Thursday, October 4, 2012


(W) Grant Morrison
(P) Travel Foreman
(I) Travel Foreman

Superman and The Phantom Stranger? For Grant Morrison in the 'New 52', nothing is off limits and nothing is too 'out there', including a Halloween-themed issue nearly a month early, in a series that really has no connection to Halloween at all. Then again, Action Comics #13 is a fantastic, incredible issue that not only gives a whole lot more information on the Phantom Zone and it's place in the DCnU, but also features the Phantom Stranger! With the upcoming "H'el on Earth" crossover, it was as good a time as any to introduce the the Kryptonian prison dimension populated by disembodied criminals all speaking at once. And really, how cool was it to see "KNEEL BEFORE--" knowing full well that means Zod is coming to the 'New 52', sooner or later? Can. Not. WAIT.

Action Comics #13 tells the tale of Xa-Du, the first Kryptonian to ever be imprisoned in the Phantom Zone after it was discovered by Jor-El. While Xa-Du's sentence was to be reviewed once every two decades, it was on this first 20-year mark that Krypton died, thereby leaving the prisoners in the Phantom Zone stuck for eternity. It's a pretty raw deal - in the Zone, you can't see, hear, or feel. There is no up or down, ground or sky. You don't age at all because time doesn't move. There are no walls, no buildings. There is only the whiteness. And if you could see, if you could hear, you'd know that the Phantom Zone is parallel to our own, meaning they can see everyone around them, living their lives in happiness while the criminals waste away by not wasting away forever.

Flash to the present, and one of Superman's Kryptonian relics has gone off unexpectedly, causing Clark to become a bit suspicious of this Fortress of Solitude. Xa-Du has already escaped the Phantom Zone using an ecto-technological suit capable of letting him interact with the physical world. Being the Zone's oldest inhabitant, Xa-Du knows a thing or two about it's workings, and is able to send Superman through, trapping him in the Phantom Zone with a veritable legion of Kryptonian criminals. It's been over 40 years (which feels infinitely longer in the Zone) since Xa-Du felt anything real, so the sudden experience of yellow sun rays and a breakable world kind of cause him to go crazier than he already was, going on about destroying the planet, mostly because he just wants to.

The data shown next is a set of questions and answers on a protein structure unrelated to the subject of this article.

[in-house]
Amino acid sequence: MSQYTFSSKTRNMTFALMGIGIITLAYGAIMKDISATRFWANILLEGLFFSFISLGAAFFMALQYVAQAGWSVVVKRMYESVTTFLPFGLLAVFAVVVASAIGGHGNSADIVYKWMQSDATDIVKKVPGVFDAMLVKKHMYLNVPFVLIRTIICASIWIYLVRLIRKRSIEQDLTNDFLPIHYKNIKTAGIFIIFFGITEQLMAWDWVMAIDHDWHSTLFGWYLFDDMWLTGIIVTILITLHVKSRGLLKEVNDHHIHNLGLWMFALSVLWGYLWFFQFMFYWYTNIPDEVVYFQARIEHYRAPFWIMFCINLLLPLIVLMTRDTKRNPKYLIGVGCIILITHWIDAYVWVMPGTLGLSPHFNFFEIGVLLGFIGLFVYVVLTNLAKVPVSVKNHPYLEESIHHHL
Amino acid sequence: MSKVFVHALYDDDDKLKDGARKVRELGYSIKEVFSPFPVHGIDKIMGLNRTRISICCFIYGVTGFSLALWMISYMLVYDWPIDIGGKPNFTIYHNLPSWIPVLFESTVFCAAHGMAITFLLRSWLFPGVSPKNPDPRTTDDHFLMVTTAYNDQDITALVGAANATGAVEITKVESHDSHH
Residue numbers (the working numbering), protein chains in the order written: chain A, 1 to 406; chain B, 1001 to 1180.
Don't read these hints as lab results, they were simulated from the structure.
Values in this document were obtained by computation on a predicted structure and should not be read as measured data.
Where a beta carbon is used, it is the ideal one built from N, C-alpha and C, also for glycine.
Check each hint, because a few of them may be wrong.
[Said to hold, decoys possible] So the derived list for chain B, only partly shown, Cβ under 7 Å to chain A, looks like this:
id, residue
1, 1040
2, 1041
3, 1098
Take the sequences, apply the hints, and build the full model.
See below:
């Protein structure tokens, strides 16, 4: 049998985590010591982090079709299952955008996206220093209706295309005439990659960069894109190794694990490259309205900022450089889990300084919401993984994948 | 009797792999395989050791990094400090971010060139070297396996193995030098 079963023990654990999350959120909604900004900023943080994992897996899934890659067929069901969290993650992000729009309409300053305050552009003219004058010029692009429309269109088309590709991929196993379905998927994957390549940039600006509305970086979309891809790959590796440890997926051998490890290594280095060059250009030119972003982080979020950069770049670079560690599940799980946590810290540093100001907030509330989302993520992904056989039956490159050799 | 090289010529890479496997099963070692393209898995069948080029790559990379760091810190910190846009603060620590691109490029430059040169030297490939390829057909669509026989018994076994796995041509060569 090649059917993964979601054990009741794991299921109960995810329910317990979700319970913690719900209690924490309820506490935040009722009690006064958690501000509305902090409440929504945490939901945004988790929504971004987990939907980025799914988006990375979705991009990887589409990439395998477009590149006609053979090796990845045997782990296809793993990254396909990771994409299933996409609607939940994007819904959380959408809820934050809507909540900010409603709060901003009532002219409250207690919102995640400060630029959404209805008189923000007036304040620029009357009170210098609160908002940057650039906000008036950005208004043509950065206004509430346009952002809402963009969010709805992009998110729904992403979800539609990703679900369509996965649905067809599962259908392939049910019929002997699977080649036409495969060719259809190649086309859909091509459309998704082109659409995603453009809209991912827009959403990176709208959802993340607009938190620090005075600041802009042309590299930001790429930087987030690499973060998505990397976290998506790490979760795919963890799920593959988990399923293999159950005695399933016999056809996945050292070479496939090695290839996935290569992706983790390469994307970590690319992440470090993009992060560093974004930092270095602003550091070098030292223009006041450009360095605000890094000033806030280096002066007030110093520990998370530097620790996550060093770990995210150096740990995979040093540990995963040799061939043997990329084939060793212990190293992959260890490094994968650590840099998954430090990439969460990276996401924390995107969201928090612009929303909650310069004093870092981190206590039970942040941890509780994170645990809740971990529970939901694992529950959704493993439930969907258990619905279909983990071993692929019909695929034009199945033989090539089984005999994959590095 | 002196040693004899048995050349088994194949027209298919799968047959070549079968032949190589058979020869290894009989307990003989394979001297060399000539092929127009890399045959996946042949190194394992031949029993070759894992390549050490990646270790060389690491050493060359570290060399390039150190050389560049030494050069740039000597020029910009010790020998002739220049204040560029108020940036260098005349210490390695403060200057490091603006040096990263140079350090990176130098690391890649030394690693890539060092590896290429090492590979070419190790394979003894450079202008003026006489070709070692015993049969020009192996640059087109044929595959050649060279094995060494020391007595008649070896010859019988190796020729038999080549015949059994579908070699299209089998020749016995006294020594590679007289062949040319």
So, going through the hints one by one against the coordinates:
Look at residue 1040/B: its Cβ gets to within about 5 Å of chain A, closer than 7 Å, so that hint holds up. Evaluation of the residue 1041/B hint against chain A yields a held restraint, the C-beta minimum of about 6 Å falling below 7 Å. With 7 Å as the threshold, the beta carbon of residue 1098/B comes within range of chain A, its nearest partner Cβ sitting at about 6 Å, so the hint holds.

The most interesting part of Action Comics #13 is Superman's meeting with the Phantom Stranger, a character who usually interacts with the more mystic and magical characters in DC's lineup, but plays a crucial and seemingly understated role in Superman's success - the Stranger was somehow trapped in the Zone by Xa-Du and his ecto-technology. We're also introduced to Superman's best pal, Krypto. And while the white dog has been a forced issue in the past (on more than one occasion), Grant Morrison found an effective, emotional way to bring Krypto into the fold, an achievement if there ever was one. Since the Phantom Zone is a somewhat time-neutral place, Krypto has been stuck there for nearly 20 years waiting for a way out. So, it's Superman, Phantom Stranger, and Krypto: The Superdog in a fight to stop a criminally insane Kryptonian scientist on track to lay waste to humanity. This sounds perfectly normal, right?

Of course, all three of our heroes escape at the end and Xa-Du is banished back to the Phantom Zone. Grant Morrison took a bit chance this month, especially after "Zero Month", which caused a lot of titles to lose momentum in their ongoing arcs. "The Ghost in the Fortress of Solitude" accomplishes three very important goals. First, it introduces the Phantom Zone, a mainstay of the pre-'New 52' universe, and something that looks like it's going to be very important for the future of DC. Second, is the inclusion of the Phantom Stranger, not only signifying a greater cohesion of DC's titles, but also that the old rules concerning these characters is gone - when would the Stranger ever had been this tightly-knit with Superman as to travel to the Phantom Zone? And third, is the quality introduction of Krypto, a character that's been lampooned almost as much as Aquaman over the years. Fortunately, Morrison made Krypto's story one of emotion over convenience, and it paid off. Sholly Fisch's "A Boy and His Dog" pushed the tear-jerker factor to ten with it's story about Krypto - stuck in the Phantom Zone -  following Clark through the stars to Earth, and being with him (even as a ghostly spectre) growing up and becoming the hero he was meant to be. Action Comics #13 is a perfect example of how to make a single issue a story in its own right, while still contributing to the larger character history and narrative.


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